Conquering dullness

Posted by Allen Rucker in Life After Paralysis on March 21, 2019 # Health, Mobility

Here is what happens to many of us as we pass through our 60’s and 70’s in a wheelchair -- we slow down. Much of this decreased output -- the two naps a day, the weekly roll to the corner and back -- is a good thing. When you become a little rickety or forgetful or increasingly distracted, as old people tend to do, slowing down is an essential step in avoiding falling, slipping, ankle-breaking cracks and holes in the sidewalk, or sailing over an unseen curb. Trust me, take a bad spill in your Silver Years and tear up your shoulder or knee and you’ll be plagued by pain and weakness for years to come. If you also have stage 4 arthritis in both shoulders, like some of us, you begin to count the number of wheelchair transfers in a day. You’ll soon insist on taking all meetings and family reunions by phone and begging off trips to Costco, though you love the free samples. Bed to chair. Chair to bed. That’s the last stage.

The problem is that this plays into the worst tendencies that an old crip already has. You turn inward and sedentary. No reason to go out to a movie – there’s Netflix. No reason to dine out -- there’s Grubhub. Take a long trip? Way too much hassle with aisle chairs and multiple stopovers. Sit and do crossword puzzles? There you go. It’s mildly diverting and no one gets hurt or hassled.

Follow this course of non-action and soon you will stare into a mirror and see a dullard staring back. People will whisper behind your back, “What happened to him?” “Sudden-onset dullness.” Your ambulatory friends in the same age group are flying off to Vietnam or Cuba or must-go-to places like Iceland, or dabbling in narrative poetry, or making a late-in-life run for the library board. You’ll become so mired in tedium that when they get back from abroad, you won’t even ask how they liked it. “Vietnam…cool…hey, let’s order some onion rings from Uber Eats.”

You are on the slow train to the nursing home, brother, passing well-known outposts like “Profound Skittishness,” “Entropy,” and a daily half-hour layover in “Jeopardy.” You can stop this somnambulistic decline, but you need to start now and really put yourself out there. Here are a few jumping off points:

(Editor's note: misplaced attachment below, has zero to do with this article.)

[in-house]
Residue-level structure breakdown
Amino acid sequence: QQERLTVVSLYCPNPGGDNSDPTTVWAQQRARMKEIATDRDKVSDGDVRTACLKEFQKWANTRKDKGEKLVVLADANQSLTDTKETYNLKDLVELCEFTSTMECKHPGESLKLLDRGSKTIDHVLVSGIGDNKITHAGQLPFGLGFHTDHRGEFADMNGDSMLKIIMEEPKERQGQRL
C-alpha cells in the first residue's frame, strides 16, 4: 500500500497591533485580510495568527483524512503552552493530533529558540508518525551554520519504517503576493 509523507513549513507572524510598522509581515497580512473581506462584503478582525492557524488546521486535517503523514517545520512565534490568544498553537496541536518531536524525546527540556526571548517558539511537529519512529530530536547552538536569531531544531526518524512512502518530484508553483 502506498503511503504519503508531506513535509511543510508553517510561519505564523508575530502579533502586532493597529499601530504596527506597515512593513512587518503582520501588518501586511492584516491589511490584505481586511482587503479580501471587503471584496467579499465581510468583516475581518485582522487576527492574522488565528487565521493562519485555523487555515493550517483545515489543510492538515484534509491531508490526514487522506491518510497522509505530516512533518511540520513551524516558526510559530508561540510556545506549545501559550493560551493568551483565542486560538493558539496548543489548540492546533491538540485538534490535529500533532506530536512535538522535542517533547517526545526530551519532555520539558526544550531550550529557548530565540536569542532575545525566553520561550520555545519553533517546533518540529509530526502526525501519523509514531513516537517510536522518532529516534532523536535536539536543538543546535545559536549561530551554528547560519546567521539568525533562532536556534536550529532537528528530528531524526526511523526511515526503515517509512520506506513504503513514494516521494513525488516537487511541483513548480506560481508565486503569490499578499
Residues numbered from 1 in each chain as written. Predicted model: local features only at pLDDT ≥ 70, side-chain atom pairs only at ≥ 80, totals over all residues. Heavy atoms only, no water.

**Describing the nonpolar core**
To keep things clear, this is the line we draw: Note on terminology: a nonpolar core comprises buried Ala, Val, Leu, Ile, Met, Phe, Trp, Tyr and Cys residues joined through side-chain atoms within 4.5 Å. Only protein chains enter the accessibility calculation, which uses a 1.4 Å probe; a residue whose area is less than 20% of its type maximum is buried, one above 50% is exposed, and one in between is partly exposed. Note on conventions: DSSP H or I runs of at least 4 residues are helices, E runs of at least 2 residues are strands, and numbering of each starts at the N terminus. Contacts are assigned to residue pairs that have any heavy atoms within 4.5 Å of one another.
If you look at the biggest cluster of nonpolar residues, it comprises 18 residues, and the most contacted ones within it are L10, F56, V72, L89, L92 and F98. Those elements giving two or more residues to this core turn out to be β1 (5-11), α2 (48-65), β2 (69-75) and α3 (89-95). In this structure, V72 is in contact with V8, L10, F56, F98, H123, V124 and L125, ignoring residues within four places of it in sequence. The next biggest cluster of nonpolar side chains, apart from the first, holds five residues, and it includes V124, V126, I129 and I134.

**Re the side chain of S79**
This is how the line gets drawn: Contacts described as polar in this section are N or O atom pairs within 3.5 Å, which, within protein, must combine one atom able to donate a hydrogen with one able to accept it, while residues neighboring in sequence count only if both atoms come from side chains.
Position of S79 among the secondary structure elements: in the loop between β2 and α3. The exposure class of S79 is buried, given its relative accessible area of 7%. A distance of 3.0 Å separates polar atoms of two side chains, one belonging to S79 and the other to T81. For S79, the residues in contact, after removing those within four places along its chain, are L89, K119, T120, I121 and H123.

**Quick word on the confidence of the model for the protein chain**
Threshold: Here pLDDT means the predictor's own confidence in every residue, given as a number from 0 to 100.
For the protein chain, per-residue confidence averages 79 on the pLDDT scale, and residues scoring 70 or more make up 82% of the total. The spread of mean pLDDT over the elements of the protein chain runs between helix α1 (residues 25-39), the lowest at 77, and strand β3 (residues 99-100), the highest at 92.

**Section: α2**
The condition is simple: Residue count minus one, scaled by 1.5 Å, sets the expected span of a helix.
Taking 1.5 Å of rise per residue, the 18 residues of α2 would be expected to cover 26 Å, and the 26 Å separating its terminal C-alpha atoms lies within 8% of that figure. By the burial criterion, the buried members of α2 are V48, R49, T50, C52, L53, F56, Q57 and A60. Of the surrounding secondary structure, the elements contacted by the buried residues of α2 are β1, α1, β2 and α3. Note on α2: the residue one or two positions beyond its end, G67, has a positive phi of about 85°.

• Join the neighborhood watch group. It will give you the excuse to tool around all day in your chair day and cajole your neighbors into installing giant klieg lights to ward off intruders.Soon the whole area will look like Yankee Stadium at night and you’ll be made block captain!
  • Give a power point lecture at your local library branch on the Do’s and Don’t’s of Wheelchair Etiquette for Non-Users. Do: offer to retrieve higher placed items at CVS. Don’t: sneak up and shove a chair user across a busy street because you think he’s going too slow. Do: treat chair users as human beings. Don’t: pat them on the head and tell them they’re “just awesome.”
  • Make a wheelchair-buddy documentary. The form is very popular these days -- see “The Upside.” You and your ambulatory friend go to Vegas and risk all the equity in your home to get super-rich. If you win, you buy Mar-a-Lago. If you lose, you get to know the homeless people in your area. Either outcome is more interesting than your life now!

The point is, you have to take a risk, any risk, to get the juices flowing. Please, if you’re sitting around in a wheelchair, vegetating all day because you are old and people let you get away with it, give yourself a wake-up slap in the face and go outside in your pajamas and shout, “Who wants to go to Vegas!” Don’t let dullness win the day.

The National Paralysis Resource Center website is supported by the Administration for Community Living (ACL), U.S. Department of Health and Human Services (HHS) as part of a financial assistance award totaling $8,700,000 with 100 percent funding by ACL/HHS. The contents are those of the author(s) and do not necessarily represent the official views of, nor an endorsement, by ACL/HHS, or the U.S. Government.